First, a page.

“Too little has been written about the early Indians who peopled North Carolina,” The Asheville Citizen declared on July 19, 1903. Fortunately for the paper’s readers, a June 1903 booklet — North Carolina Cherokee Indians — offered a detailed account on the very topic.
Authored by former Confederate Lt. Col. William W. Stringfield, The Asheville Citizen ran extensive excerpts from the publication. The paper’s selection focused on several topics, including the personality of Chief Yonaguska, also known as Drowning Bear.
Born around 1760, Yonaguska served as head chief of the Cherokee middle towns beginning in the 1820s and remained in the position until his death in 1839. Known for his opposition to whiskey as well as removal, the Cherokee leader was also “very suspicious of missionaries,” Stringfield writes.
Nevertheless, the writer asserts, Yonaguska entertained attempts at conversion. In one account, the Cherokee leader listened to several chapters read aloud from the Book of Matthew. According to Stringfield’s retelling, Yonaguska eventually grunted with satisfaction, before stating, “It seems to be a very good book. Strange the white people are not better after having had it so long.”
The Asheville Citizen also ran several excerpts concerning the Indian Removal Act of 1838, known as the Trail of Tears. The historic event resulted in the expulsion of an estimated 16,000 Cherokees from their homeland to territory farther west.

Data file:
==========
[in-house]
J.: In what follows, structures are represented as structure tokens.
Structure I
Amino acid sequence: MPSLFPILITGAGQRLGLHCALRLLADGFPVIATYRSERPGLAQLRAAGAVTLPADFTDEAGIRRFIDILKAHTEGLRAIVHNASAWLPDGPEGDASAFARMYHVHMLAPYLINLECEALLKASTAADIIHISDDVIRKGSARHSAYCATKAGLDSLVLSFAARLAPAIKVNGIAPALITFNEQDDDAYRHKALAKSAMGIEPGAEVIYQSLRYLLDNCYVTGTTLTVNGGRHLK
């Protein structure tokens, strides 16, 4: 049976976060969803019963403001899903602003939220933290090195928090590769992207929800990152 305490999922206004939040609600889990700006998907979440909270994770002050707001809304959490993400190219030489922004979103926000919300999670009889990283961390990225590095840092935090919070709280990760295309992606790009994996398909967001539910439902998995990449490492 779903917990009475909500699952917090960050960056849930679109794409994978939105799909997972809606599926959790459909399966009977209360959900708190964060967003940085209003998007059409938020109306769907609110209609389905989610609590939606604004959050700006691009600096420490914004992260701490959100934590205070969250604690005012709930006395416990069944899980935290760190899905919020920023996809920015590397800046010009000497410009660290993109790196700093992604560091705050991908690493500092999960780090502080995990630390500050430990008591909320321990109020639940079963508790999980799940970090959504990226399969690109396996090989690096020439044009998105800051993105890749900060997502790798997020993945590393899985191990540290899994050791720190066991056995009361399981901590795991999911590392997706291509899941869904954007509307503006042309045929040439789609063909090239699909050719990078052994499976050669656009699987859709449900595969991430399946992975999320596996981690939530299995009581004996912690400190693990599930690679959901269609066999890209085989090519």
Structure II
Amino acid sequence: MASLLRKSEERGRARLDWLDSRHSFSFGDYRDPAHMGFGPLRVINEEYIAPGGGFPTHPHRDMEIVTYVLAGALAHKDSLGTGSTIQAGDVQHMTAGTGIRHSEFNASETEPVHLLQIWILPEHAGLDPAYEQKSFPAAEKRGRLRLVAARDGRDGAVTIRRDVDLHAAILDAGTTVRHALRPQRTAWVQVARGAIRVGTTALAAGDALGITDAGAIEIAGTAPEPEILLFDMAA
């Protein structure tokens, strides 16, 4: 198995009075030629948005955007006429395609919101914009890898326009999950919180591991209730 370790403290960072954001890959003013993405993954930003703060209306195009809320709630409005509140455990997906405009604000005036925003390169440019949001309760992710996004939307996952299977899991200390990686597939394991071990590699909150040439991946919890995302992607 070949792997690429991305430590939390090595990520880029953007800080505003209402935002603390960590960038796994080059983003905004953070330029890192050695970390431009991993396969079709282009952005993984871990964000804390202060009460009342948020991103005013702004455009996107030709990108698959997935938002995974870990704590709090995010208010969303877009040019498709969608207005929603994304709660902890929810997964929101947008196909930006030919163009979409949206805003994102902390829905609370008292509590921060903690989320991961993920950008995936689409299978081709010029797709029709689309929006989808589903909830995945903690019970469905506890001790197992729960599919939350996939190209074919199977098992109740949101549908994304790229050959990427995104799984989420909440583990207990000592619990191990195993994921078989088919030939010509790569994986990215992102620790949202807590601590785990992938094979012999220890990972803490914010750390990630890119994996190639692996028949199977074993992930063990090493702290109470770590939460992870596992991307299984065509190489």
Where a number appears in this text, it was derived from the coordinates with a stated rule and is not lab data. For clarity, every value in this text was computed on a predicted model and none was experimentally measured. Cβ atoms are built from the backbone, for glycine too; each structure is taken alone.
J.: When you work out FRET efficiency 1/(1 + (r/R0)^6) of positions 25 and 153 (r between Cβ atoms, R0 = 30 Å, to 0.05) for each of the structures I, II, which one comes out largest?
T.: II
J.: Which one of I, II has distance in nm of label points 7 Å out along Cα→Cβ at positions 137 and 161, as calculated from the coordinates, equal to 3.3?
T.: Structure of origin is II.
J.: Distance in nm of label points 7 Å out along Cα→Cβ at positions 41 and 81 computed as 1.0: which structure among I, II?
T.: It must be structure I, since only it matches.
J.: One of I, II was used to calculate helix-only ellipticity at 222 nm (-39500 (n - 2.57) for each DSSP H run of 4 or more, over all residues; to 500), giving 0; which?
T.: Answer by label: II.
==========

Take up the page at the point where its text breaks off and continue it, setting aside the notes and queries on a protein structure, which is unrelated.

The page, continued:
In this section, Stringfield’s writing offers haunting accounts of violence. “I fought through the Civil War, and have seen thousands of men shot to pieces, but that Cherokee Removal was the most cruel work I ever knew,” one Georgia man told the author.
In another passage, which Stringfield notes is directly pulled from a Bureau of American Ethnology report, the sudden shock and horror of removal are vividly depicted:
“[S]quads of troops were sent to search out with rifle and bayonets every small cabin hidden away in the caves or by the side of mountain streams, to seize and bring in as prisoners all the occupants, however, or wherever they might be found. Families at dinner were startled by the sudden gleam of bayonets in the doorway, and rose up, to be driven with blows and oaths along the weary miles that led to the stockage. In many cases, on turning for one last look as they crossed the ridge, they saw their homes in flames, fired by the lawless rabble that followed on the heels of the soldiers to loot and pillage.”
In additional excerpts, Stringfield shares of failed escapes by tribal members and the brutality that followed, as well as the stoicism many Native Americans displayed in the face of unimaginable cruelty.
“The manner of removal is indeed a stain upon our flag!” the author wrote.
Of course, not all tribal members were discovered by the military. According to the Encyclopedia of North Carolina, an estimated 300-400 Cherokees remained in North Carolina, hiding in the mountains.
Stringfield celebrates the victory of this small group in his pamphlet, noting: “The Eastern Band of Cherokees, of whom I am supposed to write, were, originally, the fugitives who refused to go, and could not be caught!”
Editor’s note: Peculiarities of spelling and punctuation are preserved from the original documents.